“Seeing this steady stream of alleged putridity emanating from Weinstein’s past comes as no surprise to me at all.”
Silence, they say, is the most powerful noise in cinema. We know now that there has been an awful lot of silence behind the cameras when it comes to Harvey Weinstein.
Today, he’s been ditched by his wife, Georgina Chapman, following allegations of sexual harassment from a string of actresses.
Some actors are still buttoning their lips in spite of a steady stream of alleged turgid details oozing out of Hollywood’s backside.
Nonetheless, stars including Rosanna Arquette, Gwyneth Paltrow and Angelina Jolie have come forward with their own deeply concerning accounts of meetings with Mr Weinstein.
Now I cannot claim to have had my privates touched by Weinstein, nor can I say I was taken for one of his alleged ‘private tours’ of the office and his underpants.
But I did meet Harvey Weinstein during my time as producer of the BBC Radio 2 Arts Show with Claudia Winkleman. I won’t offer Claudia’s private reflections on the man but I found him repulsive and I didn’t need to hear these horrible sexual assault stories to know it.
Aside from the fact he presents himself like something you’d find in a forgotten bin at the back of a kebab shop, his personality on that day at least was thoroughly foul.
As I’m sure you know, radio studios are split into two by a pane of sound-proof glass and on this particular day, I was busily munching the home-made cookies Claudia had baked us all for that day’s show when the runner told me Harvey had arrived. She was quite a-flutter, after all this was a movie giant in the room and who wouldn’t be thrilled? Daniel Radcliffe had caused similar excitement the previous week and was – to coin the luvvy term – an absolute darling. But Harvey Weinstein isn’t Daniel Radcliffe.
In came Weinstein as we were finishing off a previous interview with a famous author who was speaking beautifully about their latest novel. Their soft voice could be heard through the speakers on our side of the glass as Claudia did her gloriously hyperbolic thing with encouraging ‘brilliants’ and ‘amazings’. She was gripped. We all were. Almost all.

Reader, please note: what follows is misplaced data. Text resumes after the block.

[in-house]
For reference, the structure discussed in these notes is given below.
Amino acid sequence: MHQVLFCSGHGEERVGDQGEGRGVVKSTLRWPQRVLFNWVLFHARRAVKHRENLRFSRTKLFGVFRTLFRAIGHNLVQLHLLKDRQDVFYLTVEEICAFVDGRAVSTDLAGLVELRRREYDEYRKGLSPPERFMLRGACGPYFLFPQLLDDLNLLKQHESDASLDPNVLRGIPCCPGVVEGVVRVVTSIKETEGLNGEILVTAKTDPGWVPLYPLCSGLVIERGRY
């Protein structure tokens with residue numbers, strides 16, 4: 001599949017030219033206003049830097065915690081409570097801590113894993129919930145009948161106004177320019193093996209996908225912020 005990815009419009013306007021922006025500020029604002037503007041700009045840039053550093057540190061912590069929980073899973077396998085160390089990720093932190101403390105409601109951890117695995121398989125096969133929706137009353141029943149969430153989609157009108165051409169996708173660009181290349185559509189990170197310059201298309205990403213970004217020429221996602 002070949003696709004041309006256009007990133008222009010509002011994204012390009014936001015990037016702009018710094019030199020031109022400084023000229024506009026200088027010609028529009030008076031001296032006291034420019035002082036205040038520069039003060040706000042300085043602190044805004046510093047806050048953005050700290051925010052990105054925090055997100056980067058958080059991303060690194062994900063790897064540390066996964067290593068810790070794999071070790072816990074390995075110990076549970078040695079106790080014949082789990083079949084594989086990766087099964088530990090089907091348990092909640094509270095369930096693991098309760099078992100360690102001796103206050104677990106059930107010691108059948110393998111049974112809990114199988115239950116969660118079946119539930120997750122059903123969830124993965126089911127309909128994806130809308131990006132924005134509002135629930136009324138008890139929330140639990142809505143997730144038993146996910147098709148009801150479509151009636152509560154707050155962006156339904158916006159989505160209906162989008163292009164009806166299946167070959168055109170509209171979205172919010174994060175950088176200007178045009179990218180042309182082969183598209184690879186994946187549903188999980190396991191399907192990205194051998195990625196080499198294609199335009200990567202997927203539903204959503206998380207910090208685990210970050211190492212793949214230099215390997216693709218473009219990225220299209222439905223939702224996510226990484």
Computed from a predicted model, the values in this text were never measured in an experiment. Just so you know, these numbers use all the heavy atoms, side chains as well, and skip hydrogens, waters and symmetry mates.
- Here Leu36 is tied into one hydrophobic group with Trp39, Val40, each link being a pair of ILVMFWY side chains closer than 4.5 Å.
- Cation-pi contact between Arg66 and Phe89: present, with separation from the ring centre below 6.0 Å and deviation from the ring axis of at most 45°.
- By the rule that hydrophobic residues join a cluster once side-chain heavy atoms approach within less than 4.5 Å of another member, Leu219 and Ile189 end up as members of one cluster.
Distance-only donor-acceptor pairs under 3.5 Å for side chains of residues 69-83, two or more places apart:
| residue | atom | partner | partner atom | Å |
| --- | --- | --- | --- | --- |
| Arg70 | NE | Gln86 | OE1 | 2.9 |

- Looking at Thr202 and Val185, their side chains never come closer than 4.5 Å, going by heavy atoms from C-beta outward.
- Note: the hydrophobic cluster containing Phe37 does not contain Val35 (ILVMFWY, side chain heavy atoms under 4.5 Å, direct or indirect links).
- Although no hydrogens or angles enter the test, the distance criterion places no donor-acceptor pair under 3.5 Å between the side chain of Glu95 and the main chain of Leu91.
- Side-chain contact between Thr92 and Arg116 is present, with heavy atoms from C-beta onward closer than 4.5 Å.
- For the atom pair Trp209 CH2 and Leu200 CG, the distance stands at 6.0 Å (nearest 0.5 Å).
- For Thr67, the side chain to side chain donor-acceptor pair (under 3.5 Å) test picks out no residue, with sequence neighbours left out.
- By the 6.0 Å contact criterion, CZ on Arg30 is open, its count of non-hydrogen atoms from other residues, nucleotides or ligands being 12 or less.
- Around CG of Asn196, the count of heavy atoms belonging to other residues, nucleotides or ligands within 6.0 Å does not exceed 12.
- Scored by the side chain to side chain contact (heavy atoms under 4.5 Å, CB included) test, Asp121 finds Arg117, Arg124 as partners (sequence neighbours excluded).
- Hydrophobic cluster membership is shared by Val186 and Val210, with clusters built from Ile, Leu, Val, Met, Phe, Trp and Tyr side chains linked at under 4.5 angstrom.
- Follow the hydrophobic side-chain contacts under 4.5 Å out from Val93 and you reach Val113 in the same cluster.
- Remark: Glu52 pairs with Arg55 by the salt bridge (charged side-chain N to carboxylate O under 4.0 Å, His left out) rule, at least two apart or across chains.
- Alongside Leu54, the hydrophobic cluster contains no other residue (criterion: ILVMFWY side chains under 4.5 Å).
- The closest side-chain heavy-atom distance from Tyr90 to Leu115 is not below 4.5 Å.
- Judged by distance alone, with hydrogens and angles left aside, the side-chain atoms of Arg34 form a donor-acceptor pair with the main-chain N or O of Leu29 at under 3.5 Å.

Harvey slumped behind me as though someone had accidentally dolloped him onto the chair from a spoon.
Looking back to that image I cannot imagine the repulsion those young actresses might have felt when he allegedly made his advances.
It’s standard in radio shows, to make small-talk with upcoming guests about what you’re listening to. I turned to Harvey and enthused about the author’s way with words. His agent nodded encouragingly and looked over to Weinstein.
Weinstein was engrossed in his phone, peering over the fat in his neck. I repeated what I had said, more chipper and insistent than before. It’s helpful for a producer to share a few words with a guest, to ascertain their mood and make sure they’re cogent and alive. It’s also pleasant. Again, Weinstein did not react.
This was a very busy guy of course, but I’ve interviewed and produced huge Hollywood stars, Prime Ministers and ‘everyday’ people who are all rather stressed and they always managed to be polite.
I decided to ask him something else in the hope he might respond and all would be well.
No. Instead, he raised his eyes to me as though they were made of lead and gave me a disdainful grimace and batting away gesture. His mouth made a kind of dismissive fart noise and he went back to his phone. I had been shooed away like an urban fox by a human bin.
The desk engineer and I exchanged looks and smiled as Claudia finished her interview.
Harvey went in and gave us a very standard interview. Claudia’s movie-knowledge and sheer energy grabbed his personality and pulled it out of his throat from his stomach. He also knew how to turn on a little charm in front of the mic, though there wasn’t much of it.
And then he left, still staring at his phone, not taking any time to thank the programme for helping him to promote his latest flick or to offer the star-struck runner a friendly word of thanks for his admittedly foul cup of coffee.
It’s tempting to give him the benefit of the doubt and I shan’t pretend I thought any more than ‘what an arsehole’ before getting back to my job.
But Joanna Lumley was always extremely warm and engaging. As was the late, fabulous George Michael. Lady Gaga was eccentric but sweet and grateful for her turgid coffee. Gordon Brown and David Cameron were distracted but respectful.
Harvey Weinstein fits into a very small file I keep in my head of famous people who put the noxious into obnoxious. The others I may have to keep to myself.
Seeing this steady stream of alleged putridity emanating from Weinstein’s past comes as no surprise to me at all. The women speaking out are showing great bravery. Having met the man I feel huge sympathy for anyone who had to work with him at all, let alone (apparently) feel his body pressed into theirs.
He is now, we are told, ‘pursuing a better path’ and has ‘begun counselling’. Good luck with that.
Weinstein’s spokeswoman Sallie Hofmeister issued a statement in response to the allegations.
“Any allegations of non-consensual sex are unequivocally denied by Mr Weinstein,” she said. “Mr Weinstein has further confirmed that there were never any acts of retaliation against any women for refusing his advances.
“Mr Weinstein obviously can’t speak to anonymous allegations, but with respect to any women who have made allegations on the record, Mr Weinstein believes that all of these relationships were consensual. Mr Weinstein has begun counselling, has listened to the community and is pursuing a better path.”